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Solution structure of calcium-bound rat S100B(betabeta) as determined by nuclear magnetic resonance spectroscopy,.

The three-dimensional structure of Ca2+-bound rat S100B(betabeta) has been determined using data from a series of two-dimensional (2D), three-dimensional (3D), and four-dimensional (4D) nuclear magnetic resonance (NMR) experiments. Each S100beta subunit (91 residues) contains four helixes (helix 1, E2-R20; helix 2, K29-N38; helix 3, Q50-D61; and helix 4, F70-A83) and one antiparallel beta-sheet (strand 1, K26-K28; and strand 2, E67-D69) which brings the normal and pseudo EF-hands together. As found previously for rat apo-S100B(betabeta) [Drohat, A. C., et al. (1996) Biochemistry 35, 11577-11588], helixes 1, 1', 4, and 4' associate to form an X-type four-helix bundle at the symmetric dimer interface. Additionally, Ca2+ binding does not significantly change the interhelical angle of helixes 1 and 2 in the pseudo EF-hand (apo, Omega1-2 = 132 +/- 4 degrees; and Ca2+-bound, Omega1-2 = 137 +/- 5 degrees). However, the interhelical angle of helixes 3 and 4 in the normal EF-hand (Omega3-4 = 106 +/- 4 degrees) changed significantly upon the addition of Ca2+ (DeltaOmega3-4 = 112 +/- 5 degrees) and is similar to that of the Ca2+-bound EF-hands in calbindin D9K, calmodulin, and troponin (84 degrees </= Omega </= 128 degrees). Further, the four helixes within each S100beta subunit form a splayed-type four-helix bundle (four perpendicular helixes) as observed in Ca2+-bound calbindin D9K. The large Ca2+-dependent conformational change involving helix 3 exposes a cleft, defined by residues in the hinge region, the C-terminal loop, and helix 3, which is absent in the apo structure. This surface on Ca2+-bound S100B(betabeta) is likely important for target protein binding.[1]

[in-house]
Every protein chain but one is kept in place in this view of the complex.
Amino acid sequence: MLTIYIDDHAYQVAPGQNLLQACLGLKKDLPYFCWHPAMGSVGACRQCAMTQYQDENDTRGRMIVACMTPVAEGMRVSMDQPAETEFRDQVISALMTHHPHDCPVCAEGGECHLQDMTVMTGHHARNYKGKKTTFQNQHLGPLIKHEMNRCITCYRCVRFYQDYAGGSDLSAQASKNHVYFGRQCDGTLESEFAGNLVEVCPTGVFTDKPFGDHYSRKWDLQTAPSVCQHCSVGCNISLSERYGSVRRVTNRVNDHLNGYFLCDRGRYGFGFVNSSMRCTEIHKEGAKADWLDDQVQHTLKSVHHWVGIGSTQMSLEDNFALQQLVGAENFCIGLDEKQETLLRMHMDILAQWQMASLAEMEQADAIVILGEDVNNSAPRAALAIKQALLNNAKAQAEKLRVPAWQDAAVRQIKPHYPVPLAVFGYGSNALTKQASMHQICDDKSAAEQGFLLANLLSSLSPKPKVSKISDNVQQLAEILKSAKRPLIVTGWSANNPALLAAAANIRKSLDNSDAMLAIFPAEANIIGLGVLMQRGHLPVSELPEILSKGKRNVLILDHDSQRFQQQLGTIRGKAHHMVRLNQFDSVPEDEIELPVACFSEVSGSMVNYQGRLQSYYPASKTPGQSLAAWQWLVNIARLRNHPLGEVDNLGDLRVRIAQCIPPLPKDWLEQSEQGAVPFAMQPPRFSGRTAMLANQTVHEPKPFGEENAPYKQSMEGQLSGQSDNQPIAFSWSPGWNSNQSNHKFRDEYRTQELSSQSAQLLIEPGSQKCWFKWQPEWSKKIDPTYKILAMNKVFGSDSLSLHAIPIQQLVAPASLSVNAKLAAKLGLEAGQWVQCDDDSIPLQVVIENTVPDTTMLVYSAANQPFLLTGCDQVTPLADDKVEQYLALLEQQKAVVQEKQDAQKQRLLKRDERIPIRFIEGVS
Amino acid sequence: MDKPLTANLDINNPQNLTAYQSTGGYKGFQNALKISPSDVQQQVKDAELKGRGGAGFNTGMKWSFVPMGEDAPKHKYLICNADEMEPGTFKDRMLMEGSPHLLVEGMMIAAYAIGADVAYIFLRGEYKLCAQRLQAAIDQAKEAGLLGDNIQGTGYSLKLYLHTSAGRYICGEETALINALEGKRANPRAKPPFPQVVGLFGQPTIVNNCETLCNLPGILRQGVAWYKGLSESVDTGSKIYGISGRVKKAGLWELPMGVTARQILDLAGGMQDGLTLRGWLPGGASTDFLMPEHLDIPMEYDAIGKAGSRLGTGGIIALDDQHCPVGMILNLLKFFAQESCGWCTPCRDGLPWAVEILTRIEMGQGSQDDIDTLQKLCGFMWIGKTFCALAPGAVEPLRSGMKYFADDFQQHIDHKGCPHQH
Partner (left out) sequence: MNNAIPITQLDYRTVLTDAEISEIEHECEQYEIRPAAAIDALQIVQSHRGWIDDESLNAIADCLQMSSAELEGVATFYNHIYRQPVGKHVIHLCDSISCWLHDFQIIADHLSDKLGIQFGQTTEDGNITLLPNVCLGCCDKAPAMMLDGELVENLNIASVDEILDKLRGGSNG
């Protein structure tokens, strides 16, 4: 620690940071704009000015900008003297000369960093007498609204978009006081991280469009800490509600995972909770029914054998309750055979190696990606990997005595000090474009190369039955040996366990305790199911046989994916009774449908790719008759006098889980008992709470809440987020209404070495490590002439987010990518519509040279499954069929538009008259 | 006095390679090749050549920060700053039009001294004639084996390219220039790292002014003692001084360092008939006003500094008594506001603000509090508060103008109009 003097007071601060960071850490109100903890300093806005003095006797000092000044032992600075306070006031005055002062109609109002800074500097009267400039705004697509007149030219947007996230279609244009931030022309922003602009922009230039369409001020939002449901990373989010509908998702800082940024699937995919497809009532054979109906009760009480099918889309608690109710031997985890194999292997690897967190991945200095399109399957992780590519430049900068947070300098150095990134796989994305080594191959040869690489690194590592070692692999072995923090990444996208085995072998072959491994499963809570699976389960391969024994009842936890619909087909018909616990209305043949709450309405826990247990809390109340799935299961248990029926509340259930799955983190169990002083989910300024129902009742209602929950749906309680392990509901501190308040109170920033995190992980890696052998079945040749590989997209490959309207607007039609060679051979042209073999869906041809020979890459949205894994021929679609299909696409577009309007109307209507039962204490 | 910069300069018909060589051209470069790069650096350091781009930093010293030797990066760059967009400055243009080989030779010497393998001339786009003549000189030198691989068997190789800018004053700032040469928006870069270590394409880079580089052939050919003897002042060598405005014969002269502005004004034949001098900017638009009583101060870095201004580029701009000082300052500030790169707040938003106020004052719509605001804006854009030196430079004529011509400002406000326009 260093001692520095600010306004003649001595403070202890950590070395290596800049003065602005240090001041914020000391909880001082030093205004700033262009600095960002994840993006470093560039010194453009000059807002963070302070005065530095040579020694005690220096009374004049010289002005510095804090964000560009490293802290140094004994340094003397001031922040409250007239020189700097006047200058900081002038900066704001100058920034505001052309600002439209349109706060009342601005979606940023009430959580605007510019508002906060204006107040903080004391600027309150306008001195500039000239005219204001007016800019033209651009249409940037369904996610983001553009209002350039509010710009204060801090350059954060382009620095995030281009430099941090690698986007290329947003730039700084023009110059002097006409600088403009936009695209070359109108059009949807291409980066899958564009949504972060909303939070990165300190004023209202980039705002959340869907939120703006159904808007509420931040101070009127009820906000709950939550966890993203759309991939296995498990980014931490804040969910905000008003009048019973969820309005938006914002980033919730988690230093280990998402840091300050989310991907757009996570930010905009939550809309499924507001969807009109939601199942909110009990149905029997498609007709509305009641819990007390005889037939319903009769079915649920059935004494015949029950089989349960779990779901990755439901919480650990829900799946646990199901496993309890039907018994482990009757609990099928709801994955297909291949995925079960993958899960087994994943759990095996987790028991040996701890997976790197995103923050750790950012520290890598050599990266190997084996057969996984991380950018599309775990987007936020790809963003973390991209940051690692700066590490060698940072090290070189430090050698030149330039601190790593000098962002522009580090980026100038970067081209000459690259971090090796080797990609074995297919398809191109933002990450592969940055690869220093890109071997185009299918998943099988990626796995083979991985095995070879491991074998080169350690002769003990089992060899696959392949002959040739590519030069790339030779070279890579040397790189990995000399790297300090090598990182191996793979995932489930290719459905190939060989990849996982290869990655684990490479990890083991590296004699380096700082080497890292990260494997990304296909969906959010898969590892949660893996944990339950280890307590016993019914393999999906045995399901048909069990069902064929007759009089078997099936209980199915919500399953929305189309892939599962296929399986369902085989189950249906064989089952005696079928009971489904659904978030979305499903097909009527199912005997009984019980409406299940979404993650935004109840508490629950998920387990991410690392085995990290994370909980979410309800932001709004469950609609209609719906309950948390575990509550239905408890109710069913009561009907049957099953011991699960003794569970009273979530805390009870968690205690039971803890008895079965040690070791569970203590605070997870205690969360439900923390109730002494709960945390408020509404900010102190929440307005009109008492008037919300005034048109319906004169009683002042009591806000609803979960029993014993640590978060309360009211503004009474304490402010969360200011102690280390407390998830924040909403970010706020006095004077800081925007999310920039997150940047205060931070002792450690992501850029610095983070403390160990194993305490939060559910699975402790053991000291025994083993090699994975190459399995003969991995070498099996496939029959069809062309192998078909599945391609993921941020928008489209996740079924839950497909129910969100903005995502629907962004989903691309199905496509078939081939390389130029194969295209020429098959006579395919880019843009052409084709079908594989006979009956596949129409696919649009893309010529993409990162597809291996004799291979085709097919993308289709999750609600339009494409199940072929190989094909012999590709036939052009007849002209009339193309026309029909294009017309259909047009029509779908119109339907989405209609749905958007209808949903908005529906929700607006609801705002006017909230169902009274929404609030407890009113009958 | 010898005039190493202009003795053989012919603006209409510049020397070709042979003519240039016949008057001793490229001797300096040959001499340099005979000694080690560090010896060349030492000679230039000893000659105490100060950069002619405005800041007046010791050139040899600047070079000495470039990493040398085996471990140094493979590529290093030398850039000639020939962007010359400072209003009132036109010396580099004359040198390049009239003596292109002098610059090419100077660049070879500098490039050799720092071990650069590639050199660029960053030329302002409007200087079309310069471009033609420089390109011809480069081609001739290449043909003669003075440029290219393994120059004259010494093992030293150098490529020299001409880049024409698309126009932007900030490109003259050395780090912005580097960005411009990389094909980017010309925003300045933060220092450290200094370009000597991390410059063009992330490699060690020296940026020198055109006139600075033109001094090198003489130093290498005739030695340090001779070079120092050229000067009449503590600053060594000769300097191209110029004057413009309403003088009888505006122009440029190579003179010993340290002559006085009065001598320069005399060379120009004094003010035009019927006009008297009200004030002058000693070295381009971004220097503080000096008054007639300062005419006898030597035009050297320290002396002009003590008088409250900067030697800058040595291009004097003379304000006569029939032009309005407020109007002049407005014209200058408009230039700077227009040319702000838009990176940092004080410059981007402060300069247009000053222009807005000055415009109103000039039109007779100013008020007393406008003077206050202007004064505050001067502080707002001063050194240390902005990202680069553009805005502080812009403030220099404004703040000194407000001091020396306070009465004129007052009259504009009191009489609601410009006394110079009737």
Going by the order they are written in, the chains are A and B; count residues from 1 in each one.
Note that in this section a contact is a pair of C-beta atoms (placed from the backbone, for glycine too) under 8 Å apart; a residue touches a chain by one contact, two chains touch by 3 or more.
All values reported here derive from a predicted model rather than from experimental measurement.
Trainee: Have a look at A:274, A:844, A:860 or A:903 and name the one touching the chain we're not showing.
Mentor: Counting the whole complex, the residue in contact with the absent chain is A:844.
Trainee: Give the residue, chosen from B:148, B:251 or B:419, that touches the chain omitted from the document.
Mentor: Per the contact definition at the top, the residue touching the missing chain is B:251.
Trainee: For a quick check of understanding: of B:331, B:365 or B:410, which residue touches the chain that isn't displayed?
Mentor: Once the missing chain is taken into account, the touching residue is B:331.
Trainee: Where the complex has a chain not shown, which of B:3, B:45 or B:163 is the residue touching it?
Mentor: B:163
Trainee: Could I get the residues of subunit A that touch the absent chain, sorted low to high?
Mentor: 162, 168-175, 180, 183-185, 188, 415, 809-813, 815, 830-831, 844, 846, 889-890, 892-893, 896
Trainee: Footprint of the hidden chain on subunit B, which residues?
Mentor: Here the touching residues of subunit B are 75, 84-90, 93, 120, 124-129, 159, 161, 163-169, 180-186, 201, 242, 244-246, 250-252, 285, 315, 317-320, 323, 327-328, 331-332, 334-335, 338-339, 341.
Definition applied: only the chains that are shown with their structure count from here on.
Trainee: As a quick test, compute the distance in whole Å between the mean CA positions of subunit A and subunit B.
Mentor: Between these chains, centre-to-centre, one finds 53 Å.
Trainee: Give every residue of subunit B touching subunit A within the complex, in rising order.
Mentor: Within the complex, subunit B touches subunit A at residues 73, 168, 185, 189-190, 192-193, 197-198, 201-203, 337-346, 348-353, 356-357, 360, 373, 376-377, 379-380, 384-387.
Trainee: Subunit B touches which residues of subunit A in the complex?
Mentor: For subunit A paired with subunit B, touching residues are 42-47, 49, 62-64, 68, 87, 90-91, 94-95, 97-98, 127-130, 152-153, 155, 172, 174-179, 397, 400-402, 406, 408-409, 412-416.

1. Solution structure of calcium-bound rat S100B(betabeta) as determined by nuclear magnetic resonance spectroscopy,. Drohat, A.C., Baldisseri, D.M., Rustandi, R.R., Weber, D.J. Biochemistry (1998) [Pubmed]
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